Loneliness is more prevalent among the young than those past retirement age, a survey suggests, amid profound changes in the way we live and interact.
Across all ages one in 10 people in the UK often feel lonely, the Mental Health Foundation has found, a state which can impact upon one's physical health.
The charity highlights the decline of community and a growing focus on work.
Technology can isolate but is also an unrivalled means of connecting people, the poll of 2,256 people concludes.
The Lonely Society report described the generational differences uncovered in its survey as "striking".
Nearly 60% of those aged between 18 to 34 questioned spoke of feeling lonely often or sometimes, compared to 35% of those aged over 55.
But it is possible there are generational differences in the subjective interpretation of what it is to be lonely. In addition, the survey did not break down the differences between the active 55-year-old enjoying retirement and the frail, isolated 80-year-old.
Chronic elderly isolation was brought to the fore earlier this year with the deaths of a Northamptonshire husband and wife, whose bodies were found in their frozen home in the middle of Britain's coldest winter.
The changing nature of the family, with fewer children who themselves often move away, has increased the prospect of elderly isolation. This has also become more likely as a result of longer life expectancies, the report noted.
But neighbourhoods have also changed, with the local services such as post offices that tended to form the heart of old communities on the decline.
The report also found gender differences, with more women than men reporting loneliness, and more likely to feel depressed as a result. It highlighted the fact that the proportion of people living alone, both male and female, had doubled between 1972 and 2008.
New technology meanwhile may be both a boon and a burden, the report suggested.
At one level, it has enabled people to make connections they might not otherwise have made, and virtual friendships can evolve into real-life relationships.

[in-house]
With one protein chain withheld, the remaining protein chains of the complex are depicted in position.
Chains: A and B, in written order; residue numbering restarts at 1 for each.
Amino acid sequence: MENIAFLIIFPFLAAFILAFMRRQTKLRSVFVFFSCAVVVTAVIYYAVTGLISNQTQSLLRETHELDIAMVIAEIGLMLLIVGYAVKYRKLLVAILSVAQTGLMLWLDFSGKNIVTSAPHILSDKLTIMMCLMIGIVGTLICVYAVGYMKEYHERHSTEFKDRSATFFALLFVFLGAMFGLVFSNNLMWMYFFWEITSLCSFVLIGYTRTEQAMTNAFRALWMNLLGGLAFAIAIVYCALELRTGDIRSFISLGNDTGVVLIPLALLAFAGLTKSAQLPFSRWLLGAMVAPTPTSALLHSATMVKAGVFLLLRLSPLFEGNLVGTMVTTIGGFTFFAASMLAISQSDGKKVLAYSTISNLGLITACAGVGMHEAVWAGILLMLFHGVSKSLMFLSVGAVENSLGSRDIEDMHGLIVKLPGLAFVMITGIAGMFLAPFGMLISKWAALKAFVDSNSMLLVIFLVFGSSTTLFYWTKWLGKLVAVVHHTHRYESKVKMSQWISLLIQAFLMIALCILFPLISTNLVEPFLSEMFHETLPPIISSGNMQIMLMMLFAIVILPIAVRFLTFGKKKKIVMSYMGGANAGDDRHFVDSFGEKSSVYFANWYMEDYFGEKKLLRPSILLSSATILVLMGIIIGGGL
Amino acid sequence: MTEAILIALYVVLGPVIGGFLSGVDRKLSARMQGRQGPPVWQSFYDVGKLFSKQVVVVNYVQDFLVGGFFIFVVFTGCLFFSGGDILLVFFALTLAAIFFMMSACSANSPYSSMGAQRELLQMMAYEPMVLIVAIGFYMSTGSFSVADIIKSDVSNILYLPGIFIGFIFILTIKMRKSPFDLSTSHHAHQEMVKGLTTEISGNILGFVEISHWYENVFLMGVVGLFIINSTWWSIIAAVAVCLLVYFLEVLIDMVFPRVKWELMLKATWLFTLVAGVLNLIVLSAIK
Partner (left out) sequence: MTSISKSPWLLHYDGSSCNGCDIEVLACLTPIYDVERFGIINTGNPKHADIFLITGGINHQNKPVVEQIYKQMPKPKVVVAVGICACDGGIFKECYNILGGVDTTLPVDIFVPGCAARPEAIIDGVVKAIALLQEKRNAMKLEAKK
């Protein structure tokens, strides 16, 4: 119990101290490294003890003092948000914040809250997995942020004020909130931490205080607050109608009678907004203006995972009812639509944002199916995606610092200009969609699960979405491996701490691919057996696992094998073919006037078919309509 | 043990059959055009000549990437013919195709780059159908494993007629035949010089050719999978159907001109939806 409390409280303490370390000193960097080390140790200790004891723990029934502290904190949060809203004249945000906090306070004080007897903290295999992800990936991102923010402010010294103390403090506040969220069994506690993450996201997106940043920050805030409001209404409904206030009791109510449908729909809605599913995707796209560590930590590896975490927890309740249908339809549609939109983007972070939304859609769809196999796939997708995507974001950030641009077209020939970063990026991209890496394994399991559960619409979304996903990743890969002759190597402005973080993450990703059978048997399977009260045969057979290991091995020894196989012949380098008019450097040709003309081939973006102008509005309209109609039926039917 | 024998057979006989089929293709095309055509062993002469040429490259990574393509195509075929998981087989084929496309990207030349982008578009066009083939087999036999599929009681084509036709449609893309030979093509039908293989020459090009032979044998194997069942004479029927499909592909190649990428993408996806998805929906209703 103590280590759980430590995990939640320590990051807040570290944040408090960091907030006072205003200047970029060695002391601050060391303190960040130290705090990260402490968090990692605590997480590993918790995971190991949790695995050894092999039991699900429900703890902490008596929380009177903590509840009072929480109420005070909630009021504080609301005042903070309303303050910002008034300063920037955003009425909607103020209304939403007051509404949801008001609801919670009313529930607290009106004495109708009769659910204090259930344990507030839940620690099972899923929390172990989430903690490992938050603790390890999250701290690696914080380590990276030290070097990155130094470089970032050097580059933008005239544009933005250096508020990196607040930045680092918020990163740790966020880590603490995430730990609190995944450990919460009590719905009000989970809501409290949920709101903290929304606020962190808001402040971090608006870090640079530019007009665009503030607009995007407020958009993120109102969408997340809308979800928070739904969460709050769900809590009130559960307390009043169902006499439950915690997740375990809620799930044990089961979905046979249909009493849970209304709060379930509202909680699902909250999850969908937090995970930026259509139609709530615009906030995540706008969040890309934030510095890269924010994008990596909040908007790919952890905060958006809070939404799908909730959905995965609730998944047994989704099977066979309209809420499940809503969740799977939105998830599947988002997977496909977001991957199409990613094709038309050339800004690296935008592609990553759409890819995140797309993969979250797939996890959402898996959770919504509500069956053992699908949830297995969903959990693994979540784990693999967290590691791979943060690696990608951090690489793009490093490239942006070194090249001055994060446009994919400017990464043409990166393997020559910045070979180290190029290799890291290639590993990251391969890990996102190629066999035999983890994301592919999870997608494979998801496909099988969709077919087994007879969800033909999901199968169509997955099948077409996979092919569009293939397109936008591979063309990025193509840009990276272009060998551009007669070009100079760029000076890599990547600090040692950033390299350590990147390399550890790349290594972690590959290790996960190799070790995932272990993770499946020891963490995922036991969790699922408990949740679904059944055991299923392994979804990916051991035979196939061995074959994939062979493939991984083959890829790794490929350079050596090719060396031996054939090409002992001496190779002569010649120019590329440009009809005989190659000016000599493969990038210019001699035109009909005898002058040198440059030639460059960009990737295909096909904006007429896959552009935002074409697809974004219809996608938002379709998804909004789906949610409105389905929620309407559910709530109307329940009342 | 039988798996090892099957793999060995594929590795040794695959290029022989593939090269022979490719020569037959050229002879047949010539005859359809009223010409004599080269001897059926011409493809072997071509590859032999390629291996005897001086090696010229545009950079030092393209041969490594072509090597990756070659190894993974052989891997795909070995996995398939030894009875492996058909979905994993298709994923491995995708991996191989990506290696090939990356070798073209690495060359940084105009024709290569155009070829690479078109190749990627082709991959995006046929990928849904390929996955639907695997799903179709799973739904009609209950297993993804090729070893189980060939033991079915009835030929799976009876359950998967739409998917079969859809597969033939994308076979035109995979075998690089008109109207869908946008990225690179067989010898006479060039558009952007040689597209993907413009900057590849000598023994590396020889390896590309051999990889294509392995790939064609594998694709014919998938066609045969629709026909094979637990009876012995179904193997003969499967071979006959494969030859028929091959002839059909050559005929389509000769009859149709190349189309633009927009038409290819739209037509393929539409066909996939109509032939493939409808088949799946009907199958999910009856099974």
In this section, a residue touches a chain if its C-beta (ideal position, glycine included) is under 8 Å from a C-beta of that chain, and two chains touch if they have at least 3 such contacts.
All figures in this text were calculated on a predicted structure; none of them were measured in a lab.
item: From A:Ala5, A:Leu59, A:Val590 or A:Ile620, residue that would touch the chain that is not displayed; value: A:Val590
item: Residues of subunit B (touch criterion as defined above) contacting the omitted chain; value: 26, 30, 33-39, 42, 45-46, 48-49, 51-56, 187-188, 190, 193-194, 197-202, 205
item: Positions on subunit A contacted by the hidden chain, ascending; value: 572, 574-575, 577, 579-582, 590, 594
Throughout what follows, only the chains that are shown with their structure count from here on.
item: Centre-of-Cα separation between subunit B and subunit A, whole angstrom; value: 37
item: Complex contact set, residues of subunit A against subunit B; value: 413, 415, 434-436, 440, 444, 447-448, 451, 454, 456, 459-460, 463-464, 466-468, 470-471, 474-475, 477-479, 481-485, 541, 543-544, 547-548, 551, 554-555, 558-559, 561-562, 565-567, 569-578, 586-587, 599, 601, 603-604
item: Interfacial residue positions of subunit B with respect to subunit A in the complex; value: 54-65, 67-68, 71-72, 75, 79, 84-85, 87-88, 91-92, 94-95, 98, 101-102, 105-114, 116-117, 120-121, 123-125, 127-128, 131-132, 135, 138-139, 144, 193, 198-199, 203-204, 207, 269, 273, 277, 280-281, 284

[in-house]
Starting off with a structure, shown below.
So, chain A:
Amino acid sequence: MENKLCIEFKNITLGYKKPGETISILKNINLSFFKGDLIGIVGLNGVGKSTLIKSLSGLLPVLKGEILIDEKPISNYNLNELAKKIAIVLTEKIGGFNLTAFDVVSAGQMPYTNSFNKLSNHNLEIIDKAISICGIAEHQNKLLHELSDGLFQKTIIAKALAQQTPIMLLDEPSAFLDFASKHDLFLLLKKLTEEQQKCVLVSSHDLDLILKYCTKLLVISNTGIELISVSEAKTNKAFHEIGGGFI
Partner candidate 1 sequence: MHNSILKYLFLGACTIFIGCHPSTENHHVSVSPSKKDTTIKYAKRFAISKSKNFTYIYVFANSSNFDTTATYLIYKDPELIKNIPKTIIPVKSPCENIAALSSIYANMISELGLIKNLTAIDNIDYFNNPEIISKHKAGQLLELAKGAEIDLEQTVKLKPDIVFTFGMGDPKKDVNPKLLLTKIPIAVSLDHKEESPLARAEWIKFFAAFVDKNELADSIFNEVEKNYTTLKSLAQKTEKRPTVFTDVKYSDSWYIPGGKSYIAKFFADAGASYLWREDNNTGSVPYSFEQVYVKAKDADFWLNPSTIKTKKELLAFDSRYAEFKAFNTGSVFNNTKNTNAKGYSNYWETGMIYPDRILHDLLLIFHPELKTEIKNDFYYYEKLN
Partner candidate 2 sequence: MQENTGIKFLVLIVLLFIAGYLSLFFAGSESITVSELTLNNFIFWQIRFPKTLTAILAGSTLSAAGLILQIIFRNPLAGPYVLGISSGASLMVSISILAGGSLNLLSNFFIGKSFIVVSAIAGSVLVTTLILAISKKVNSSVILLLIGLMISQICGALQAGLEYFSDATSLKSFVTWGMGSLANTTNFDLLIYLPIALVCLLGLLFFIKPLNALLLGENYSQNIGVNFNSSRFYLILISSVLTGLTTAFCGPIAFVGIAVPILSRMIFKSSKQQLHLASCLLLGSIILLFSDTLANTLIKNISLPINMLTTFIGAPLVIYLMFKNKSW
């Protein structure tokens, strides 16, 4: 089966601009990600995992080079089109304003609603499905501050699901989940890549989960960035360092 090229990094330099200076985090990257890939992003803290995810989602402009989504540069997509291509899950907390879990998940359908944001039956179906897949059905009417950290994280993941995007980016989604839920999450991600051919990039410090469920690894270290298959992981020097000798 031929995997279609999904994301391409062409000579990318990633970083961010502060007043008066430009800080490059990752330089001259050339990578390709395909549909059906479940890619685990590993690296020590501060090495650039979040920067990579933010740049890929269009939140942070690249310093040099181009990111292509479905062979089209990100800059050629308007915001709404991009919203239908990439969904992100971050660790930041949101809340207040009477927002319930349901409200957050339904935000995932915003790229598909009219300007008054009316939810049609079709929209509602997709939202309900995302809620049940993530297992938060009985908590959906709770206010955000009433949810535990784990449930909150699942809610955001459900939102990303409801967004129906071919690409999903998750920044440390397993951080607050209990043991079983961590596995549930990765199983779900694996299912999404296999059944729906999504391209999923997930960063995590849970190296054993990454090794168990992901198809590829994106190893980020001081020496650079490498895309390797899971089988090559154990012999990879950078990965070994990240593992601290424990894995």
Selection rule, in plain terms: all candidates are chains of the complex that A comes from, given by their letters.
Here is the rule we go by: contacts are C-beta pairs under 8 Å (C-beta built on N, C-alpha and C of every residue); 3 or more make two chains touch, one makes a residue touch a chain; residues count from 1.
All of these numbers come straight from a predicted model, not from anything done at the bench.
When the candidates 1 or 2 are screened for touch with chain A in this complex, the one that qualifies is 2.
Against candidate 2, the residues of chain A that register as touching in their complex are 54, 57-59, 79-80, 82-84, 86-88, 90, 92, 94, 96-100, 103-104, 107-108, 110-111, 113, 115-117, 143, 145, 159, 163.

The report cites the example of the parenting website Netmums, which says that because of contacts made online 10,000 women meet face-to-face every month, reducing the sometimes intense sense of isolation new mothers can experience.
But there are also concerns that technology is being used as a replacement for genuine human interaction.
Nearly a third of young people questioned for the report said they spent too much time communicating with friends and families online when they should see them in person.
Whether this has any genuine biological impact is unclear, but it has been suggested that physical presence is needed for the hormone oxytocin to be released - believed to be the chemical process underpinning the relationship between social contact and healthy hearts.
Sarah Brennan, head of the charity YoungMinds, said: "The young people we work with tell us that talking to hundreds of people on social networks is not like having a real relationship and when they are using these sites they are often alone in their bedrooms.
"Loneliness is a big problem which we need to start to tackle. In the last few years our communities have broken down and become atomised. We need to foster these relationships again and invest in our young people's wellbeing so that they have somewhere to go or to turn to when they are feeling lonely."
Dr Peter Byrne of The Royal College of Psychiatrists said the report challenged the perception that loneliness was restricted to isolated, elderly "Eleanor Rigbys", with its findings on the young.
He added: "Economic changes that disrupt people's work-life balance and family life, and send people hundreds of miles for work, are likely get worse during this recession. Openness about being lonely, and vulnerable friends and neighbours, is an important first step."
But while many more of us may be living alone in cities, with some thought loneliness can be averted, the report suggested.
"For example, Manhattan in New York has 50% lone households, more than anywhere else in the United States, yet its 'urban village' model sustains social networks because people habitually use alternative meeting places, including cafes and public spaces," the authors wrote.
"According to evolutionary psychology, cities could in fact be our perfect environment because of the demands they make on our complex social brains, but only if they are well designed."